mac & cheese

A little comfort on a cold & rainy night.

I make my mac & cheese the same way mom always made it for me as a kid... to the cooked pasta, just add milk, Velveeta & salt.


pasta with walnuts, sage & garlic

This is another one of my quick & easy meals that I make when I can't decide what I want.

While the pasta is boiling, throw into a pan (on medium heat): a couple TBSP of butter, a splash of olive oil, a handful of roughly-chopped walnuts, and a sliced garlic clove or two. Cook until the garlic gets just a hint of light brown, and the butter has browned slightly. Throw in some chopped fresh sage leaves (sometimes I use rosemary instead) and season with salt. Strain the pasta, dump it in, and toss to combine everything. Top with a little grated parmesan.


cranberry sauce

One 12-oz bag of cranberries
3/4 c sugar
1 c water
1 tsp grated lemon zest
Splash of Cointreau (or other orange-flavored liqueur)

Put the ingredients in a saucepan, bring to a boil, then reduce heat and simmer for about 10 minutes. Cool to room temperature to eat. Couldn't be easier.

Makes a great companion to both sweets and savories. I made it last night, to go with my chicken thighs. Then, when I wrote the chicken post this morning, fell victim to my own food seduction: I looked at the crêpe entry, and they looked so good I had to make them again. I used some of the leftover cranberry sauce as a topping for them. yummmmmmm

(Cranberry sauce recipe from Everyday Food magazine.)

chicken thighs & couscous

This is one of the meals I like to make when I want something quick & yummy, without much cleanup.

Season chicken with salt, pepper & paprika. Place skin-side down on a rimmed baking pan, and into a 450-degree oven for 10 minutes. Turn over, and cook 10 minutes more.

While the chicken is cooking, make the couscous. For one serving, put 1/2 cup chicken broth in a bowl, and heat it to boiling in the microwave. Then stir in 1/3 cup couscous, and cover the bowl tightly with plastic wrap (it's the same principle as cooking it on the stove, except you don't have to wash a pot & lid after). All of the liquid should be absorbed within 5 minutes. Finish it off with some lemon juice and fresh parsley.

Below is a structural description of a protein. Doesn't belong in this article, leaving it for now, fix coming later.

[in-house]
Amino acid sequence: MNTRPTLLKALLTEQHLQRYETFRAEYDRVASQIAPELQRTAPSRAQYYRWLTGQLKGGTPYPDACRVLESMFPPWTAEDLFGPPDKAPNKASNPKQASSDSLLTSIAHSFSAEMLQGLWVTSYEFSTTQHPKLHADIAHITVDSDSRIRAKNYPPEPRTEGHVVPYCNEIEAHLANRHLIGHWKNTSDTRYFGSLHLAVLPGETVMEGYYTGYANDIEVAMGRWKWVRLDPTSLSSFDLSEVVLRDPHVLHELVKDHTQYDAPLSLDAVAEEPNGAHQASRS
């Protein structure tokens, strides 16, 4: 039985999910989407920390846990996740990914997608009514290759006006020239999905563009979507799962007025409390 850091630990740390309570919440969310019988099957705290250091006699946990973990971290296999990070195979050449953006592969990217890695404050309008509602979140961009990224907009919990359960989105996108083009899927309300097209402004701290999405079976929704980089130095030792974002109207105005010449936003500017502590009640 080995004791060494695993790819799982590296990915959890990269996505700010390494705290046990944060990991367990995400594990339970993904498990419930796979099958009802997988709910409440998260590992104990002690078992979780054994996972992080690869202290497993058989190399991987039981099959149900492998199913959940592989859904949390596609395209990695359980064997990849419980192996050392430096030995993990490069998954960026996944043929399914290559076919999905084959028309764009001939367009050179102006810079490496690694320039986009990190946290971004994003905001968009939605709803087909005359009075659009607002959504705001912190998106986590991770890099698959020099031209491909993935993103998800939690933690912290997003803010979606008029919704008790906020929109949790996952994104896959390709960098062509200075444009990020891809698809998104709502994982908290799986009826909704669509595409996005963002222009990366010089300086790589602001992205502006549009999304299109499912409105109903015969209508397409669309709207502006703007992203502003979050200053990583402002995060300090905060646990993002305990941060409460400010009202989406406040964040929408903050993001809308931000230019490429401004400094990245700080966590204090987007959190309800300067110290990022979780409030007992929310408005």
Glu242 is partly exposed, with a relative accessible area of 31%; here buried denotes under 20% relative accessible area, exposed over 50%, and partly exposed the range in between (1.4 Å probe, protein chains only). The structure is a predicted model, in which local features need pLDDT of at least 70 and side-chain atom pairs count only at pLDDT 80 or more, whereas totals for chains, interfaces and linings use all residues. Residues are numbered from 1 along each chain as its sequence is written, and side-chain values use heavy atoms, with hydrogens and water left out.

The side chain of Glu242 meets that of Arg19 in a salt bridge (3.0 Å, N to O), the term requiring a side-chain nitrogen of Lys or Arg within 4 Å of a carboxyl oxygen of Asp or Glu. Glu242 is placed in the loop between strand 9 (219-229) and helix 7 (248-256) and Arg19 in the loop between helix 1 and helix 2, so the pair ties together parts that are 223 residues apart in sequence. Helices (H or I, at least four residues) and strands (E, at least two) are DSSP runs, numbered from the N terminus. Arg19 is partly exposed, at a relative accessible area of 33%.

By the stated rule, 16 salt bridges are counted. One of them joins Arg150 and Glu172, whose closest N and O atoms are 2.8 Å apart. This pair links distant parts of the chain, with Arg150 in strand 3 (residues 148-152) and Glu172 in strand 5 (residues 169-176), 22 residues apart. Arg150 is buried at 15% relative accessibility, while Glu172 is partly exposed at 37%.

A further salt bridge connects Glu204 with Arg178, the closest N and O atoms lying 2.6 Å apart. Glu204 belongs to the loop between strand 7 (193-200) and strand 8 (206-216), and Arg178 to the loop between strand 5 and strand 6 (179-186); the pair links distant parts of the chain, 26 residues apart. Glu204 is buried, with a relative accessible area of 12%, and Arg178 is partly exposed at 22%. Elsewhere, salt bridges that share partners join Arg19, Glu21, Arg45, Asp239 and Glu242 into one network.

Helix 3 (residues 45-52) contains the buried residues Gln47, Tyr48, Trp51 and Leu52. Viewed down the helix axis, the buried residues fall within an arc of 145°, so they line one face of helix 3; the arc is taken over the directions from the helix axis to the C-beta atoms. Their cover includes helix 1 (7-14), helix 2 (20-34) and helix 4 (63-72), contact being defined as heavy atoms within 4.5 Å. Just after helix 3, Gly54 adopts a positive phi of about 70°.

3/4 c flour
1-1/2 tsp sugar
1/4 tsp baking powder
1/4 tsp salt
1 c milk
1 egg
1/4 tsp vanilla
1 Tbsp melted butter

(makes 6-8 crêpes, depending on how thin you make them)

The batter is very simple, the magic really comes from the technique. I use an 8" skillet (the small size makes them easier to control). The key is to use a very hot pan, and cook them very quickly so you get some nice color, but don't burn them.

1. When your pan is nice & hot, take a stick of butter and lightly rub it around the pan (wrap plastic wrap or wax paper around the end of the butter, to give you something to hold onto). The butter should foam on contact—if it browns right away, the pan is too hot.

2. Pour a small amount of batter into the center of your pan, and immediately swirl it around so it covers the bottom. Use
just enough batter to cover the bottom of the pan—just shy of 1/4 cup.

3. The crêpe is ready to be flipped... well, when the crêpe is ready to be flipped (this is where the practice and judgment come in). Signs to look for: you see just a hint of browning around the edge, the uncooked batter top isn't runny anymore (or, just lift up a side and peek to see if the underside looks good). It happens pretty fast, so keep an eye on it. After you flip, it should only need a few seconds to brown the other side a little, since it's pretty much cooked through already.